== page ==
Essay about Eumenides - Importance of Gender in Aeschylus' Oresteia

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The Importance of Gender in Aeschylus' Oresteia

Gender is made explicit as a theme throughout the Oresteia through a series of male-female conflicts and incorrectly gendered characters dominated by the figure of Clytemnestra, a woman out of place. This opposition of gender then engenders all the other oppositions of the trilogy; conflicts of oikos and polis, chthonic and Olympian, old and young can be assigned to female and male spheres respectively. In this essay I will look at how the polis examines itself in terms of gender by focusing on the Eumenides' exploration of the myth of matriarchy, issues of the conflict between oikos and polis and the use of speech within the polis. I will then look at how these themes are
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Not only has the sex of the owners changed but also so has that of the source of the inspiration 'but it is Zeus that Apollo speaks for' (Eum. 19). This transition to a world ordered by men is complemented by images of Apollo's journey to Delphi; the manly god of fire Hephaestos civilizes this female 'savage country' (Eum. 14) which has been bequeathed by the female deities and a male head of state, Delphos (Eum. 16), who is there to welcome Apollo and his new male order. The play opens with a hopeful precedent for a return to a proper patriarchal society.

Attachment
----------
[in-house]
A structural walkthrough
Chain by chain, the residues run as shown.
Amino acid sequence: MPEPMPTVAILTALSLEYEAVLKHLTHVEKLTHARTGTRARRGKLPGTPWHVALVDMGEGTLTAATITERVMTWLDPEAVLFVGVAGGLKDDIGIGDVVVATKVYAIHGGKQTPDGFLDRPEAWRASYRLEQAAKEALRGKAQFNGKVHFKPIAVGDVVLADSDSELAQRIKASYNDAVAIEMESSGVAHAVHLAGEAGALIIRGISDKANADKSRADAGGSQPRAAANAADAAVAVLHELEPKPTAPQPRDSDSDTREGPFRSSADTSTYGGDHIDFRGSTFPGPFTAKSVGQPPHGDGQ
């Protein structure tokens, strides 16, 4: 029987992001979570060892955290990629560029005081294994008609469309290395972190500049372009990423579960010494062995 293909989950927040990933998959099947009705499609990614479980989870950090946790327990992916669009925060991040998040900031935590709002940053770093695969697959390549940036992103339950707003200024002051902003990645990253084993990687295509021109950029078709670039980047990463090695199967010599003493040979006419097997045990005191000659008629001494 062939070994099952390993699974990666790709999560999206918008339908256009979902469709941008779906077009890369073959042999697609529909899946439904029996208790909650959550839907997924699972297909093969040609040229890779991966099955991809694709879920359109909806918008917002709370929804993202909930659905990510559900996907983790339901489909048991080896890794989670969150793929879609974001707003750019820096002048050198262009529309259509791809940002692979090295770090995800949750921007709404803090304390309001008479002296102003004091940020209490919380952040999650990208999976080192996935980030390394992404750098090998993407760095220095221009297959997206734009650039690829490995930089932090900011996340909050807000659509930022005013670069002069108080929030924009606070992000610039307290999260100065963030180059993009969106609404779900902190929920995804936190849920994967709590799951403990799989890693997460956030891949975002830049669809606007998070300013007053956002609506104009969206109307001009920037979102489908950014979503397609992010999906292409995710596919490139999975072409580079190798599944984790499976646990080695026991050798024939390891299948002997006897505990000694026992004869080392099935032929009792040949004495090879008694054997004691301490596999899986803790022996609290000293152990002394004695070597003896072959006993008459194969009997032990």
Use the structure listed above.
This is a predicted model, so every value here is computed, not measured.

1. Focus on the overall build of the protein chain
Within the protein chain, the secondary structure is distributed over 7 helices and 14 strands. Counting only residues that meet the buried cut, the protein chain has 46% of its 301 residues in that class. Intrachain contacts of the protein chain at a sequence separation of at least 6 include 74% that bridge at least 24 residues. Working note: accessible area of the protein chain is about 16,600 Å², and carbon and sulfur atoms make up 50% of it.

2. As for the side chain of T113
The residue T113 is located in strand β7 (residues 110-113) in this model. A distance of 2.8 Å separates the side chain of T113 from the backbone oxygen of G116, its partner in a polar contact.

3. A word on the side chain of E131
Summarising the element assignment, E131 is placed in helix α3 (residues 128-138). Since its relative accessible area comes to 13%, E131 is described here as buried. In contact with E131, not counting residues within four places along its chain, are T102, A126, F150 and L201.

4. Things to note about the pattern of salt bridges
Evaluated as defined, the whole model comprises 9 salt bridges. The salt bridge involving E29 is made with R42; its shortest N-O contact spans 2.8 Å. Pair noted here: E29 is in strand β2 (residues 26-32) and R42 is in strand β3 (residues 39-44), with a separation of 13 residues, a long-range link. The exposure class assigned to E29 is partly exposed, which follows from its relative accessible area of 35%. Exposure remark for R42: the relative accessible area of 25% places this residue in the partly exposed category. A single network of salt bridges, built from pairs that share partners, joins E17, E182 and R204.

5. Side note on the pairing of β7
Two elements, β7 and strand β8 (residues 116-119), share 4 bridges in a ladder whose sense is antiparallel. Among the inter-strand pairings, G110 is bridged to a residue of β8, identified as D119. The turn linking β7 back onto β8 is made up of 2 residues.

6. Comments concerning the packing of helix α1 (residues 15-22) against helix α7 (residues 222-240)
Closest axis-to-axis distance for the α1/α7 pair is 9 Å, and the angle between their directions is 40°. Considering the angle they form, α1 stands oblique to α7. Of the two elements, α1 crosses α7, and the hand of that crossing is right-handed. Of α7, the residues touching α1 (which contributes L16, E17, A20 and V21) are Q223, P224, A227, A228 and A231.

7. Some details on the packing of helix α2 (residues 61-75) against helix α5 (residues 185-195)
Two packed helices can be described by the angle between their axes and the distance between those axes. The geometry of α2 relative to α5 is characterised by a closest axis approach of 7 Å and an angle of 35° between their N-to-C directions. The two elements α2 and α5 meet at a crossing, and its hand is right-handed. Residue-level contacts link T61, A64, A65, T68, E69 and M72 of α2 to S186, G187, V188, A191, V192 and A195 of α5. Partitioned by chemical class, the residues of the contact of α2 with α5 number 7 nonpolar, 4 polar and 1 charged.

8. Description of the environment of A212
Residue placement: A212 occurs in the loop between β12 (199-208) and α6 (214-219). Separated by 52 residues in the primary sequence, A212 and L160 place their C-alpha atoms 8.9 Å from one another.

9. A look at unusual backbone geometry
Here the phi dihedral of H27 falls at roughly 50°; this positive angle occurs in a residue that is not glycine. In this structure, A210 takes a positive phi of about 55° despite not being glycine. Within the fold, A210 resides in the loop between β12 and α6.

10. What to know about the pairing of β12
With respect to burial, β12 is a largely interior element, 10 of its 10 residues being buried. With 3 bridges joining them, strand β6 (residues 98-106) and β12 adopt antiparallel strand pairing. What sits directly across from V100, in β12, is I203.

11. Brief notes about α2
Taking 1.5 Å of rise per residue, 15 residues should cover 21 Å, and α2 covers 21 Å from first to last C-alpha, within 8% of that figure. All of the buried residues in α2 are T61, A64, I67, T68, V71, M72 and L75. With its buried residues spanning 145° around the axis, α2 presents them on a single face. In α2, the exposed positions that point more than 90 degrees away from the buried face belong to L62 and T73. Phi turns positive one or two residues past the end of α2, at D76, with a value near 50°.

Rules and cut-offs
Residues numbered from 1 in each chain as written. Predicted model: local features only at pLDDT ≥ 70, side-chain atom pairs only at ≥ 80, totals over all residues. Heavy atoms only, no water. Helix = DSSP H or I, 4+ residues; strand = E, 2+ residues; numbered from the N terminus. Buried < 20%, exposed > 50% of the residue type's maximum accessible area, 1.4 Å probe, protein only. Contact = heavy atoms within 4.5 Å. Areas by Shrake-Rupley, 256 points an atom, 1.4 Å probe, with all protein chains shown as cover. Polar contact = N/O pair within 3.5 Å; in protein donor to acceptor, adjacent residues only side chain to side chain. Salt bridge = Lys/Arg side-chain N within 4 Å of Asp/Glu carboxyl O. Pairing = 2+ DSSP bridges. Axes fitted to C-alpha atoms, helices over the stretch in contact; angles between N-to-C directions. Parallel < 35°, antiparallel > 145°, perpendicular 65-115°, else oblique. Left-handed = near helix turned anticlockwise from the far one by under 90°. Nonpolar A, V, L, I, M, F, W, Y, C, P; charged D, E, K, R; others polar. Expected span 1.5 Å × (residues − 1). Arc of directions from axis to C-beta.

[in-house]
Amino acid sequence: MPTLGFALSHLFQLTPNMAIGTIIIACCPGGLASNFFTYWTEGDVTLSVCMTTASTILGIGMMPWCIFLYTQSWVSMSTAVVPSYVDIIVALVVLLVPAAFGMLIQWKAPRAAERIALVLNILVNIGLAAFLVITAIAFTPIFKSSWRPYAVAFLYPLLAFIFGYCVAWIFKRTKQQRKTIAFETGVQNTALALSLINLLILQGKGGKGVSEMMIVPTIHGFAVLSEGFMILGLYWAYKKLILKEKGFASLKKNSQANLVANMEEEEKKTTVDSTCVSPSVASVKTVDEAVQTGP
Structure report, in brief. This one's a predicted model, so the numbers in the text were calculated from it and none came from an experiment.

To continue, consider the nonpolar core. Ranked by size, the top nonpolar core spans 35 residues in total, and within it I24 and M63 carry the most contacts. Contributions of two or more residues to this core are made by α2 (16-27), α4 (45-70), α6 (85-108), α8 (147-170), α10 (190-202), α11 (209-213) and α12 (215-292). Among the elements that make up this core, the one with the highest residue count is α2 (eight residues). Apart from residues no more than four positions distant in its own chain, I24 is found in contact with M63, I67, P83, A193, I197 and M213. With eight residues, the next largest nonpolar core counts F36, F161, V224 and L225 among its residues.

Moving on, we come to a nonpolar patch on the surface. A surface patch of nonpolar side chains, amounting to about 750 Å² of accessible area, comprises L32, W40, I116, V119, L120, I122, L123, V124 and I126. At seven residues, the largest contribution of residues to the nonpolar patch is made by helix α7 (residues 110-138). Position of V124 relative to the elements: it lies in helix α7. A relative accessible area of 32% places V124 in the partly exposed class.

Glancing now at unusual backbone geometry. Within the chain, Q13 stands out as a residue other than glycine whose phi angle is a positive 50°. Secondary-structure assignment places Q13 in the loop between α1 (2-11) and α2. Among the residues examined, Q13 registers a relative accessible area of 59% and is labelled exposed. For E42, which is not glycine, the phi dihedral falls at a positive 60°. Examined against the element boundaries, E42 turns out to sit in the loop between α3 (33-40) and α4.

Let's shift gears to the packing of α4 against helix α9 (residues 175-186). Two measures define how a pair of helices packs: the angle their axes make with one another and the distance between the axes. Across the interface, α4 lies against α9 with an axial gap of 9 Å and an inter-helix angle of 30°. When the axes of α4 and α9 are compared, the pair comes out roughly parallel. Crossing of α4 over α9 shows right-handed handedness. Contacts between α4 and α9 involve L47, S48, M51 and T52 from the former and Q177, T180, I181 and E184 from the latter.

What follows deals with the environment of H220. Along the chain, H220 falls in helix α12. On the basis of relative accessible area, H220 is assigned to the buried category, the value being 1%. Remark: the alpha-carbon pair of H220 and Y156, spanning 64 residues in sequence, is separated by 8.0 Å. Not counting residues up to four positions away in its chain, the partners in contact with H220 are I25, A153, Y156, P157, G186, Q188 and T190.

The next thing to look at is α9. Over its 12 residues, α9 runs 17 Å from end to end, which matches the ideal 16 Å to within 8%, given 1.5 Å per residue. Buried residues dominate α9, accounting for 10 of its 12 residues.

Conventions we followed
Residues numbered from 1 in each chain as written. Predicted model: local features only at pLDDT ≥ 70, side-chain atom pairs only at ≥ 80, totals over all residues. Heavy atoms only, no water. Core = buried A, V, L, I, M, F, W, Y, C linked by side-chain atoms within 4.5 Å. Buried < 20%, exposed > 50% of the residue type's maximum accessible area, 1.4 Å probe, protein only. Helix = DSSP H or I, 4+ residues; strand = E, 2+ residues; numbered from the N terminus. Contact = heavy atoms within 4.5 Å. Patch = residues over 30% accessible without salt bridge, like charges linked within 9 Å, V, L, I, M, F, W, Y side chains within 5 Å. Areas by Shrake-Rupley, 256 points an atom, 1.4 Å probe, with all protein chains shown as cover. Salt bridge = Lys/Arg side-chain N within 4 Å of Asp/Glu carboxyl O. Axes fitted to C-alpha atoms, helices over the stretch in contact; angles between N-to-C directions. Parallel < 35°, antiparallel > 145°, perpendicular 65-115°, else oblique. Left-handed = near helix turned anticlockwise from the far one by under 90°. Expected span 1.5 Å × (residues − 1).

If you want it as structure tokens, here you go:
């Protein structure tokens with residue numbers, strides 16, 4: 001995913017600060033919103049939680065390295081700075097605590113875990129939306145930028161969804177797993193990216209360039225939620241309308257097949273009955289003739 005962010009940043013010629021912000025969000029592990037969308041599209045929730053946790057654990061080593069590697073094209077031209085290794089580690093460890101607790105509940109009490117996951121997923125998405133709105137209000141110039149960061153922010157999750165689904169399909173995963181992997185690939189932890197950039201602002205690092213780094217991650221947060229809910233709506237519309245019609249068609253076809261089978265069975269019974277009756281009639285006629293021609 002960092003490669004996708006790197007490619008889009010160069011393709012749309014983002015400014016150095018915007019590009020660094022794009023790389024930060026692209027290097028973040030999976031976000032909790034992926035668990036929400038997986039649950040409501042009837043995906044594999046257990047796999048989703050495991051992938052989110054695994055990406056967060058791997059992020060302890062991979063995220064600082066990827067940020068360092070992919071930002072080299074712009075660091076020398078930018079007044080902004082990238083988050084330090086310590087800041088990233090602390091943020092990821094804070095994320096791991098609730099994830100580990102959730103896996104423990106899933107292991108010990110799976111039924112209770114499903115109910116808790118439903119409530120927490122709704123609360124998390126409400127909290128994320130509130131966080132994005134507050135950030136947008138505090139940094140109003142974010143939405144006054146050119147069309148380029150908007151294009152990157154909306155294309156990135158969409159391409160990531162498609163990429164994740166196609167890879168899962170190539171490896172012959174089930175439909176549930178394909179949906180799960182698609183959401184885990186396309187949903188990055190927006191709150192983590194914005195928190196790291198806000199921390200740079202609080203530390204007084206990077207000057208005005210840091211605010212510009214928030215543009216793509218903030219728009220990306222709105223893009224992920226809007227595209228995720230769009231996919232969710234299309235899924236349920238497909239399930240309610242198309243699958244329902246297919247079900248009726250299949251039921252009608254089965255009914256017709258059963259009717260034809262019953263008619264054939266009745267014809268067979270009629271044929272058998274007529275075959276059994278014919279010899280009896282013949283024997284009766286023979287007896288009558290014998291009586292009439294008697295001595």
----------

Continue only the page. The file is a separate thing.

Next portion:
The Eumenides brings to mind other myths, Zeitlin notices that the trial scene has strong connections with another Athenian myth of a trial that also is very concerned with gender. Athena had to compete with Poseidon for the city of Athens and this was decided by a vote. This was during a time when women had the right to vote, and lead promiscuous lives and no one knew who his father was. The women side with Athena and they out number the men by one and so Athena wins. The women however must be punished for the use of their power and so patriarchal society is installed.1 Whether Athenians felt at all uncomfortable with this founding myth of their female patron deity is debateable but Athena's famous speech (Eum. 750-756) has been interpreted as a returning of the favour. Athena may be siding with the male here but we are reminded of her ties

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